From airlines to hotels, layoff notices starting to pour in from across Colorado

Movie theaters, dental offices, a regional airline, a Vail resort, and several restaurants — those are among the first businesses that have informed the state that they have laid off workers due to the COVID-19 outbreak. They may be the first casualties to officially file, but they definitely won’t be the last.

The notices were filed with the Colorado Department of Labor and Employment under the Worker Adjustment and Retraining Notification Act starting on March 17 through March 23, and were made public Tuesday. They all describe a closure due to COVID-19 as the reason for the layoffs and furloughs.

Trans State Airlines, which operates out of Denver International Airport as a United Express provider, informed the state on Friday that it let go of 329 workers through April 2, the largest of the layoffs posted so far. Brian Randow, the Missouri-based airlines chief operating officer, informed the state that the layoffs were permanent. The airline isn’t coming back.

The Four Seasons Resort and Residences in Vail told the state it was letting go of 243 workers, including 22 cooks, 17 banquet staff, seven front desk workers, 14 guestroom attendants, six building engineers, 14 mountain activities attendants and supervisor.

The state’s mountain resorts have been hard hit due to the closure of all the state’s ski resorts. Areas like Pitkin and Eagle counties are experiencing some of the most severe outbreaks in the state and San Miguel County, home to Telluride, is under a full lockdown.

“Due to unforeseen, unexpected and sudden reduced business levels as a result of COVID-19, all employees at Four Seasons Resort and Residences Vail … will be placed on a furlough,” Jessica Beauchamp, director of people and culture, informed the state in a letter. The resort will be closed for the foreseeable future and the furloughs could turn into temporary or permanent layoffs, she wrote.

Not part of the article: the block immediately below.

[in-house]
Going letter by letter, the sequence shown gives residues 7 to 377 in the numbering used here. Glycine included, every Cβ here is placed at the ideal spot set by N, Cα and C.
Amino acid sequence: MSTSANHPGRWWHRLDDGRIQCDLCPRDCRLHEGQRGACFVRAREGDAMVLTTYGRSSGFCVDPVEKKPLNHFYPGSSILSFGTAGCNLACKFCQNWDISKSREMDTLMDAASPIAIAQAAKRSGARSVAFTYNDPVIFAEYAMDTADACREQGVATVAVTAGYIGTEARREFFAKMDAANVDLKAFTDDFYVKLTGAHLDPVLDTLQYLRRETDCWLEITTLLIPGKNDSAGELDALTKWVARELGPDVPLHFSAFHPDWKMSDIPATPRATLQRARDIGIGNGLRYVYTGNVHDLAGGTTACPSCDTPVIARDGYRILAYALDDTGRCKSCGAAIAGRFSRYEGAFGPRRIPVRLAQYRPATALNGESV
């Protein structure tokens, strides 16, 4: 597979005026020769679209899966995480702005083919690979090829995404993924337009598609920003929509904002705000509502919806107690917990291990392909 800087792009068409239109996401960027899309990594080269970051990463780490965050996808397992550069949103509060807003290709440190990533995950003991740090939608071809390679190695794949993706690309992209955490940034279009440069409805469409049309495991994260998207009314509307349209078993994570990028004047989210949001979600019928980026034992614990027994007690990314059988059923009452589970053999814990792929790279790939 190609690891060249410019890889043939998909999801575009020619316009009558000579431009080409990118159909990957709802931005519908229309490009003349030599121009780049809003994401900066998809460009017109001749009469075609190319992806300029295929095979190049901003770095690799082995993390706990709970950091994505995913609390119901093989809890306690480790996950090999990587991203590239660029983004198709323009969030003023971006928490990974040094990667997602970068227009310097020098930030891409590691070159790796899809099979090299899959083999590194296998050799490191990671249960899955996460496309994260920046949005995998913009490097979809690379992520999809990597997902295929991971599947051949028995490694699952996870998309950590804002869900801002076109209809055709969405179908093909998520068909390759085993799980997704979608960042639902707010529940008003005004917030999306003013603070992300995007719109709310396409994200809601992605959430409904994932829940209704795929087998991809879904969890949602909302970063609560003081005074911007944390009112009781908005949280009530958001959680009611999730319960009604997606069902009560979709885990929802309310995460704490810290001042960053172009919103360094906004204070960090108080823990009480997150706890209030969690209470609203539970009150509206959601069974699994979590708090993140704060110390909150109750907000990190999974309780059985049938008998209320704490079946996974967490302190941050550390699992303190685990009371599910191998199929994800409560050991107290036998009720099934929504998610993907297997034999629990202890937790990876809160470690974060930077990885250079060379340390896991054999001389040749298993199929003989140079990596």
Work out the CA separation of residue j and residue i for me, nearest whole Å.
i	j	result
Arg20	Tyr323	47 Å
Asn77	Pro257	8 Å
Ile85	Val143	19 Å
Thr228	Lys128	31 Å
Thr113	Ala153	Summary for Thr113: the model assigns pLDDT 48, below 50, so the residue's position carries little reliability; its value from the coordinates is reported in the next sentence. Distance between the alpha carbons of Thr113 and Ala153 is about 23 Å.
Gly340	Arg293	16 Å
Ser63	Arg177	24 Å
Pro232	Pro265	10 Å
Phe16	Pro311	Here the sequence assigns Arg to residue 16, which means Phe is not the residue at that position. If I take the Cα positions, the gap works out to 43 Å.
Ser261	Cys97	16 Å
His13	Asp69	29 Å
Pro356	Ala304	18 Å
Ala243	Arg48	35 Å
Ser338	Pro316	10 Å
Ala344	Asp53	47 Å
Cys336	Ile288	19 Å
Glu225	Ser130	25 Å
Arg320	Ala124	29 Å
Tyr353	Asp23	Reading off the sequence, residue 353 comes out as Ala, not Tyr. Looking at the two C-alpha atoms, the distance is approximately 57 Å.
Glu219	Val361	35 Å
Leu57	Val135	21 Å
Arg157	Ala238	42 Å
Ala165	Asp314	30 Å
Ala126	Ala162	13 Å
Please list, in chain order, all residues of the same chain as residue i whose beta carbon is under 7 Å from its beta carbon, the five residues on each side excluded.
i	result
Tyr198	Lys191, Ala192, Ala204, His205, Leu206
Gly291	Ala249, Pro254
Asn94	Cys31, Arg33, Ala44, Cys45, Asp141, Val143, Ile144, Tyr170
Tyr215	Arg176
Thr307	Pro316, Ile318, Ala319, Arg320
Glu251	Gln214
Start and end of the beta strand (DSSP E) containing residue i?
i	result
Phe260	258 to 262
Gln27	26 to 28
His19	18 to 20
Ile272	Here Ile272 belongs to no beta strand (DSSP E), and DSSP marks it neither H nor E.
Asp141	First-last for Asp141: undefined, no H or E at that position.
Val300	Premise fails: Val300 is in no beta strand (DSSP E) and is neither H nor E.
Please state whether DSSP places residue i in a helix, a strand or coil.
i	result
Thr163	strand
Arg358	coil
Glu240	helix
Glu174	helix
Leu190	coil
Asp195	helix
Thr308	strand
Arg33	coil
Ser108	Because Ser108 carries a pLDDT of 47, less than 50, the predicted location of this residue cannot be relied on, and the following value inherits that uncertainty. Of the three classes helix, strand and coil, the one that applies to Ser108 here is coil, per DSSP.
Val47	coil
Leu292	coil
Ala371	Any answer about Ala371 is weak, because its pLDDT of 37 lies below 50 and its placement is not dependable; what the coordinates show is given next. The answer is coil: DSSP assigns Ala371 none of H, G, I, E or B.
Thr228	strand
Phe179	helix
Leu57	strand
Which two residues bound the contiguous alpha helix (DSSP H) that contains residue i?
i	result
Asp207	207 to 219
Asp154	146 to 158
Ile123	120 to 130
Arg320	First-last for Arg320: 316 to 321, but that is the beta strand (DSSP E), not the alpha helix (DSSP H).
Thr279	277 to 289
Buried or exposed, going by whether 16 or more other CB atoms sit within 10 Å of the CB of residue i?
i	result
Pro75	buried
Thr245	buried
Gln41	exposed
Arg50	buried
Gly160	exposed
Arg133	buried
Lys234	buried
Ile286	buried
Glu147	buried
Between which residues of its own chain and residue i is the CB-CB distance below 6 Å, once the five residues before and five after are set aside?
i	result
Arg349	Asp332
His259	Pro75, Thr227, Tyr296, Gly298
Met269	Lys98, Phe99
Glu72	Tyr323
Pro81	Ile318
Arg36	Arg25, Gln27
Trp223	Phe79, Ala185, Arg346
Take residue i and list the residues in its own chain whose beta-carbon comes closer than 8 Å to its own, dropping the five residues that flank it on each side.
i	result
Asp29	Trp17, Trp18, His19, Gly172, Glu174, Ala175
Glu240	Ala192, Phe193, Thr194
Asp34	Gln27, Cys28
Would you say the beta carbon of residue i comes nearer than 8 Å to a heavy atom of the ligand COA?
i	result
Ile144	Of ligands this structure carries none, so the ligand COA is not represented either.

ClearChoice Management Services, which oversees a chain of dental offices, said it was sidelining 120 headquarters workers in Greenwood Village between layoffs and furloughs. The layoffs are permanent while the furloughs may extend up to six months.

Given the high risk of transmission from accidentally working on a patient with the novel coronavirus, the Colorado Dental Association last week strongly recommended that all members close their offices for weeks with the exception of emergency surgeries.

Movie chain Metropolitan Theatres also filed notices about the closure of its theaters in the state. They include the MetroLux 14, MetroLux Dine-in and Rocky Mountain Cinemas in Larimer County. Those locations are sidelining 120 workers, with 11 being put on furlough. Metropolitan is also closing the Wildhorse 6 Stadium Cinemas in Steamboat Springs, letting 21 workers go there.

Several restaurants also filed layoff notices with the state. They include Punch Bowl Social in Denver, which has let go of 81 workers; the Rusty Bucket Restaurant in in Westminster which dismissed 65 workers; and Tamayo and La Sandia, two Denver restaurants that didn’t disclose the number of layoffs.

Letting workers go is a tough decision. Some federal and state aid programs are conditioned on employers keeping their workers and using the funds to cover payroll. And employers always face the risk that workers they have trained may move on to other employers. Among those hiring right now are Amazon, King Soopers and Safeway and package delivery companies.

Wayne Cascio, a distinguished professor of management at the University of Colorado Denver, has studied the ability of companies to bounce back after an economic downturn. He said those who keep critical staff on board recover faster and perform much better going forward than those who cut to the bone.

Given the choice of letting go of assets, like cash, or letting go of workers, don’t make a knee-jerk reaction, he advised. Employees will respect and be more wiling to return to an employer that makes a sacrifice to keep them around as long as possible, employing strategies such as reduced hours, pay cuts and furloughs, even if they eventually must be let go. They will not respect a firm that cuts them loose at the first sign of trouble, he said.

“The more pain you can take before you let people go, the better you will be in the long run,” he advised business owners. But some businesses may be on the edge already and permanent layoffs could be a sign that they don’t plan on reopening.

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